New data from Real Capital Analytics shows that office sales dropped 70 percent in October from a year ago. That's a huge drop. There was a prior report that values in the last quarter dropped on sold properties. But that in itself didn't seem like a huge deal. It could have indicated that a section of buyers--those that largely depended on debt--have exited the picture (at least for now). With less bidders in the market, values should drop a bit. But the data from Real Capital Analytics seems a bit more alarming since it appears the effects of the credit crunch in the commercial real estate world are spreading faster than anyone had anticipated.
U.S. office building sales fell 70 percent in October from a year earlier, yet another sign the credit crunch that began in the U.S. housing market has spread to the commercial real estate market, Real Capital Analytics said on Tuesday.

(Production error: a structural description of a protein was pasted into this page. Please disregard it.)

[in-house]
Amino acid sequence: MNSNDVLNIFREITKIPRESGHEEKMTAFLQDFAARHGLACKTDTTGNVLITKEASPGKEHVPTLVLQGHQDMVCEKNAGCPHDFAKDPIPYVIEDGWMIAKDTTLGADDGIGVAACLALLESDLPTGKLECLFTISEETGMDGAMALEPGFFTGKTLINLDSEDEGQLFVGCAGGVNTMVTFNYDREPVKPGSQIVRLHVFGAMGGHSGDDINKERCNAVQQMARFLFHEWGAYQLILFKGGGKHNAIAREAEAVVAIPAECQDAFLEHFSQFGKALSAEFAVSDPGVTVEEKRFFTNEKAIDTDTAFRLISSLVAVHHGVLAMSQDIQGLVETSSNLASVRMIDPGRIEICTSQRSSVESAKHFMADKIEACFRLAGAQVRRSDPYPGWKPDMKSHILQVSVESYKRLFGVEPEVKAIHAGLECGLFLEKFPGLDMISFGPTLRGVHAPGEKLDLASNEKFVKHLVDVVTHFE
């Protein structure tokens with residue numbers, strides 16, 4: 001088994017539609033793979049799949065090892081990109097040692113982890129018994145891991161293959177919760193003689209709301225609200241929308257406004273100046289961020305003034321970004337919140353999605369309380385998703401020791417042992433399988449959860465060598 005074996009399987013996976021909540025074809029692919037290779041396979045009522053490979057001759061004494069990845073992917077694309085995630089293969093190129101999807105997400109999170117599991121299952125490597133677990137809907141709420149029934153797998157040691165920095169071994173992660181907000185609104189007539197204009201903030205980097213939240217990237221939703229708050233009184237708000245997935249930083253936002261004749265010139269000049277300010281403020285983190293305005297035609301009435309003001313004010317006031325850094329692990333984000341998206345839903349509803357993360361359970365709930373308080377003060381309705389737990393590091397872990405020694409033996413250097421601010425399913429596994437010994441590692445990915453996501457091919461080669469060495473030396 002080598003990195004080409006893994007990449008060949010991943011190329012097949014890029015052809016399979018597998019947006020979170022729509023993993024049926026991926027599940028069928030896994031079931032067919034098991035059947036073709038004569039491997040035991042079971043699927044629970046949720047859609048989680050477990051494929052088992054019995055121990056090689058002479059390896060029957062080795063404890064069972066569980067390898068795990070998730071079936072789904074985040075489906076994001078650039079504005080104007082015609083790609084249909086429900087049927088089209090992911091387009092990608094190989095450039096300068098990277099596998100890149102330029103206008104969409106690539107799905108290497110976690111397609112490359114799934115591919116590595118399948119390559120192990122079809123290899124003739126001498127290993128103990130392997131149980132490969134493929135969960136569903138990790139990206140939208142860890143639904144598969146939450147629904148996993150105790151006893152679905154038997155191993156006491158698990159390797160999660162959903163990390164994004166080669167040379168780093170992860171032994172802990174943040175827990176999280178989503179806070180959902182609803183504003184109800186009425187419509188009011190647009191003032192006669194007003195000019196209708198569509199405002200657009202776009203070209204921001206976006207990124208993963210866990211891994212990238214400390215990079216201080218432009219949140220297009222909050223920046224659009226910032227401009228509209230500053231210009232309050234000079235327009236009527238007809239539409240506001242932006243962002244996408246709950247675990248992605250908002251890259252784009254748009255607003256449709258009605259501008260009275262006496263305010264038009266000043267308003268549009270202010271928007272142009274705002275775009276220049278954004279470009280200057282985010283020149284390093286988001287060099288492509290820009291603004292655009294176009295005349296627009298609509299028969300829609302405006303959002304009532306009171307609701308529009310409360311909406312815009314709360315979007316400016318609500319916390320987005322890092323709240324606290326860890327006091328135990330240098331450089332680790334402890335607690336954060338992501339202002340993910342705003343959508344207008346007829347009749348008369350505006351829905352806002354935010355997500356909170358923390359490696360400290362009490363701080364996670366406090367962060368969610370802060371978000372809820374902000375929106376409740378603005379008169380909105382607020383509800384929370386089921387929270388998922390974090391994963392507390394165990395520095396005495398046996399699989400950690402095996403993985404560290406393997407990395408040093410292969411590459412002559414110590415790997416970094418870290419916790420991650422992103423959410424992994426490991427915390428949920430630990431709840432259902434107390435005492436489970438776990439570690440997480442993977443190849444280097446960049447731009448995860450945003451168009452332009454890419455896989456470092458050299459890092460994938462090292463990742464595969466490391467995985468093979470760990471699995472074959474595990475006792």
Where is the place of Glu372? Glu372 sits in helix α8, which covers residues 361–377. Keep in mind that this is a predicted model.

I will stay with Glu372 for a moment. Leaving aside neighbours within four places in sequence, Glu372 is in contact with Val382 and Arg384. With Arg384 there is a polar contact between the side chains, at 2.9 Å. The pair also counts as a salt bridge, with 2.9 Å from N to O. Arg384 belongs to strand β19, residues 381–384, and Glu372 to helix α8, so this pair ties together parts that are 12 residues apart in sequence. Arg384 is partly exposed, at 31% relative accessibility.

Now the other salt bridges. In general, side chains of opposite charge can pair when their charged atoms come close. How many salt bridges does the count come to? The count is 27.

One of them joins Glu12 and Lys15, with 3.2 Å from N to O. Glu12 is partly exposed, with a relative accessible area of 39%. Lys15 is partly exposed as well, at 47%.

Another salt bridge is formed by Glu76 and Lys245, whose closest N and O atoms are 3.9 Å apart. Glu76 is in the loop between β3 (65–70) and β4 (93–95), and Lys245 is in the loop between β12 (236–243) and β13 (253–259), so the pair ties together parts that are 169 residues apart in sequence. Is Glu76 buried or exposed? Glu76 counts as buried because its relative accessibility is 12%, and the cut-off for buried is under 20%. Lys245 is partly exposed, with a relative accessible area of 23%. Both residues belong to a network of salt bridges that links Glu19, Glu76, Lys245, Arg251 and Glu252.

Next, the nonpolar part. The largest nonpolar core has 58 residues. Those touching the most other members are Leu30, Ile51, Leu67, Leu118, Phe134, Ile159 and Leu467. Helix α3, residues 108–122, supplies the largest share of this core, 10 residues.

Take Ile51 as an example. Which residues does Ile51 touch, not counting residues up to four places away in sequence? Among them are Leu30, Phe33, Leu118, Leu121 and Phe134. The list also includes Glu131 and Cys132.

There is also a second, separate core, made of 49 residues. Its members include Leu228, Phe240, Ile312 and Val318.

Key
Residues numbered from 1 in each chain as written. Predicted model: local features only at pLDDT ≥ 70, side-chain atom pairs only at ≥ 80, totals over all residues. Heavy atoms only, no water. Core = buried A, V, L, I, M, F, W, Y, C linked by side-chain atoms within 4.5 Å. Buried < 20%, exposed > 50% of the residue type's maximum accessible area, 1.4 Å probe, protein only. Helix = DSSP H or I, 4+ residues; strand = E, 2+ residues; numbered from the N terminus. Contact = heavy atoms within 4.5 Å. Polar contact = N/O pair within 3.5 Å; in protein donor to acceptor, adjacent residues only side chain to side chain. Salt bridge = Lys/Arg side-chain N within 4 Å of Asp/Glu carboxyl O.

But the five-year bull run on commercial real estate may not be over, although the participants have clearly changed, the real estate research firm said.
The credit crisis has weighed on U.S. commercial real estate and the office market in particular, making purchases funded nearly all by debt a thing of the past. Even lower- leveraged deals are harder to come by as borrowing rates rise and risk become a significant factor in obtaining a loan.
Update: This story doesn't mention retail real estate, but Real Capital Analytics monthly trends report (which you can get from the company) on retail has shown a 50 percent drop in volume on significant retail deals in both September and October compared with the same months last year.
Previous post on dropping commercial real estate values.